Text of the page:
Unjust Enrichment and Estate Claims


Typically, when a spouse or child has not been adequately provided for under a testator’s will, the remedy has been to make a claim under the British Columbia Wills Variation Act (the “WVA“). In many circumstances, however, the WVA does not provide an adequate remedy. For example, a party who is not a spouse or child of the deceased may have a claim against the estate, but, given that the relief provided under the WVA is limited to children and spouses, this person is precluded from making a WVA claim. Similarly, a spouse or child may have a claim that exceeds the remedies available under the WVA. In these types of cases, the aggrieved party may wish to consider an unjust enrichment claim against the testator’s estate.

An unjust enrichment claim arises against an estate when a party can establish the following:

  1. an enrichment that was enjoyed by the testator;
  2. a corresponding deprivation to the party making the claim; and
  3. an absence of juristic reason for the enrichment.

In 2004, in the decision of Garland v Consumers’ Gas Co., the Supreme Court of Canada found that the word “enrichment” meant a tangible benefit which had been conferred to the party receiving it. This benefit can include either a positive benefit, such as the payment of money, or a negative benefit such as the sparing of an expense. The enrichment and deprivation must be economic in nature, creating a monetary claim against the estate.

In the 2007 decision of Blake v Wells Estate, the British Columbia Court of Appeal confirmed that once enrichment is found, corresponding deprivation will almost invariably follow. As a result, the court need only consider whether or not there is a juristic reason for the enrichment which was received by the testator.

In order for a claim to qualify as an unjust enrichment claim, however, the benefit bestowed and the detriment suffered must be substantial before a party will meet the threshold for an unjust enrichment claim.

In the past, British Columbia courts have found that the following examples have met this threshold:

  1. paying the deceased’s monthly living and medical expenses;
  2. a child performing household work for her parents, thereby allowing them to work outside the home without paying someone else to be a housekeeper and after-school caregiver for their younger children;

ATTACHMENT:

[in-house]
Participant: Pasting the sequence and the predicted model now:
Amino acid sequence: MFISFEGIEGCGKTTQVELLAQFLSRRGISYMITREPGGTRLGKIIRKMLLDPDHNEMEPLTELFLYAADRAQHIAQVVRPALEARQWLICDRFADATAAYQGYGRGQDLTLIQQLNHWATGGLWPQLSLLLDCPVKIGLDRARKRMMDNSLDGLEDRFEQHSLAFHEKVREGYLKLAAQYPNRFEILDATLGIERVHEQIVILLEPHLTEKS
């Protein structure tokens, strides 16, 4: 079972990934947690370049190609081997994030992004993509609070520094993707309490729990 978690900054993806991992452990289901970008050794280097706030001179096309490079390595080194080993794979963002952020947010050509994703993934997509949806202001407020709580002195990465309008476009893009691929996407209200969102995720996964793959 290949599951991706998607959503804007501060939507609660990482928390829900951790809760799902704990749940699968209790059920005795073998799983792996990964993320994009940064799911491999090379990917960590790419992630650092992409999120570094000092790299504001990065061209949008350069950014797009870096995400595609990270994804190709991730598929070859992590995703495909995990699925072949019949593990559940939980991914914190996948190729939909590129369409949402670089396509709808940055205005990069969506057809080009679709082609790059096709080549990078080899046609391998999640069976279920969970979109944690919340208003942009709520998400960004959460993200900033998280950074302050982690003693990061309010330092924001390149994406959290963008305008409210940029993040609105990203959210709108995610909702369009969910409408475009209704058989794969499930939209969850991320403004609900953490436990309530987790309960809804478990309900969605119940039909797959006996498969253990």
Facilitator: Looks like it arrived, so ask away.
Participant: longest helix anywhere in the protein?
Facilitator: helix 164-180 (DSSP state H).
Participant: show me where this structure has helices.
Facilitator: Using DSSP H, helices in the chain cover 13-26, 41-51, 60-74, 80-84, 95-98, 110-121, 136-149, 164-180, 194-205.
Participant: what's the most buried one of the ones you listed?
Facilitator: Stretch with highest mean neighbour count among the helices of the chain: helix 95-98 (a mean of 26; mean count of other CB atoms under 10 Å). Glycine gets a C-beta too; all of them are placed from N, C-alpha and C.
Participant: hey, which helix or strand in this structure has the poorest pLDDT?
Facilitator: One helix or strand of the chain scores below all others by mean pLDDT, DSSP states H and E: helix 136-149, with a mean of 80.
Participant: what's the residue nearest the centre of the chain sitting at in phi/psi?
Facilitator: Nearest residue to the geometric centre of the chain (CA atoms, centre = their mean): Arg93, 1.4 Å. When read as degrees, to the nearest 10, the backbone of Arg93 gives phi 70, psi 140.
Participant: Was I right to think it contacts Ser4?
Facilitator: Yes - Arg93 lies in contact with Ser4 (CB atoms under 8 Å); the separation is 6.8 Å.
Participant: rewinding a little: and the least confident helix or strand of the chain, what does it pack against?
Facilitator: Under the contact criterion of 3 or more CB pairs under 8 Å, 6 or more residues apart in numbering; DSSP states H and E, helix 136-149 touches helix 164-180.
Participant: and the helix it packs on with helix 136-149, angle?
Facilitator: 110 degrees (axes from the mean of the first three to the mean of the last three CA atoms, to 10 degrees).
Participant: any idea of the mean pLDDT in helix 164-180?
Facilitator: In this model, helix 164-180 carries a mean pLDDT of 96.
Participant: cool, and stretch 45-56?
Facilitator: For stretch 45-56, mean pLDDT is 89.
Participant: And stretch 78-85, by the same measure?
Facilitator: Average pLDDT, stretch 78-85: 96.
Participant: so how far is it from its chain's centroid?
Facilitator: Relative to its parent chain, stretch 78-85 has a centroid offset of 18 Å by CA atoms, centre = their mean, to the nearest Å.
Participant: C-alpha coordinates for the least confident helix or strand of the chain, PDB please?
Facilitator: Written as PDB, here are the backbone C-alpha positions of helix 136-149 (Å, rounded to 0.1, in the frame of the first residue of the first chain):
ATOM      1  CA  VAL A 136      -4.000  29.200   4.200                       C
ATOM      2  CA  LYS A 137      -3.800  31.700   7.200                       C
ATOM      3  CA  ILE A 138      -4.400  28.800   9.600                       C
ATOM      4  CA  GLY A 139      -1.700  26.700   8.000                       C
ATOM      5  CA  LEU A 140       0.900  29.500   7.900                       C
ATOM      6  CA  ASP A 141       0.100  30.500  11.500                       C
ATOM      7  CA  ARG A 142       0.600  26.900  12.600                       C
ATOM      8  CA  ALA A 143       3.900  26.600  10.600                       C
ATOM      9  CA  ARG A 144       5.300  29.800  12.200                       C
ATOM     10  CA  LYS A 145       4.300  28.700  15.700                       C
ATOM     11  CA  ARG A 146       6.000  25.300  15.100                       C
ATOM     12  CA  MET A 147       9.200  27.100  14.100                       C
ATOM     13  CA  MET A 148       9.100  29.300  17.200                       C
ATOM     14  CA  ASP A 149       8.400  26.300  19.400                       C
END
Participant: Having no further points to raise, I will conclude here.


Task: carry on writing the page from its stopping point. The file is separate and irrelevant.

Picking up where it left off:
3. performing renovations;
  4. performing general upkeep on property when the time spent on the upkeep could have been spent elsewhere;
  5. the payment of rent on behalf of and the provision of services to the testator;
  6. helping with minor tasks around the house that were insufficient to create an equitable claim in the house; and
  7. taking care of elderly parents which resulted in having to cut down the number of days worked and making sacrifices in one’s career.

On the other hand, British Columbia courts have found that the following examples have not satisfied the threshold to create a substantial enough enrichment and deprivation to create an unjust enrichment claim:

  1. the performance of household work by a sister that saved her siblings from worse legal trouble but did not result in them acquiring any property or experiencing an increase in the value of their property;
  2. an arrangement whereby a couple lived in a home in return for their making the ongoing mortgage and maintenance payments; and
  3. working on the family farm (this would, however, be fact-dependent).

Once a party has established enrichment and corresponding deprivation, the burden shifts to the defendant to establish that there was a juristic reason. Juristic reasons can include a contract or other legal reasons, charitable and loving intent and other valid common law, equitable or statutory obligations. While the test for the absence of juristic reason is flexible, the court must consider the reasonable expectations of the parties and public policy considerations. This review requires a global analysis of the circumstances of the parties involved.

Generally speaking, should the court find unjust enrichment, the aggrieved party will be awarded monetary damages. If, however, the court concludes that monetary damages are not sufficient and, provided that there is a sufficient nexus between the services rendered and the property being claimed, a constructive trust may be declared over some part or all of the testator’s assets.

It is also important to note that a successful unjust enrichment claim is to be paid out prior to distribution of any assets under the will. In other words, like any other debt owed by the estate, a judgment for unjust enrichment creates a priority over any of the beneficiaries under the will.

Finally, it should be noted that a spouse or child may have both an unjust enrichment claim and a WVA claim at the same time. Neither of these claims are mutually exclusive and, generally speaking, evidence tendered in support of an unjust enrichment claim is generally the same evidence that would be put forward in a WVA claim. If there is a benefit to be realized from making these two separate claims, both the unjust enrichment claim and the WVA claim can be made at the same time.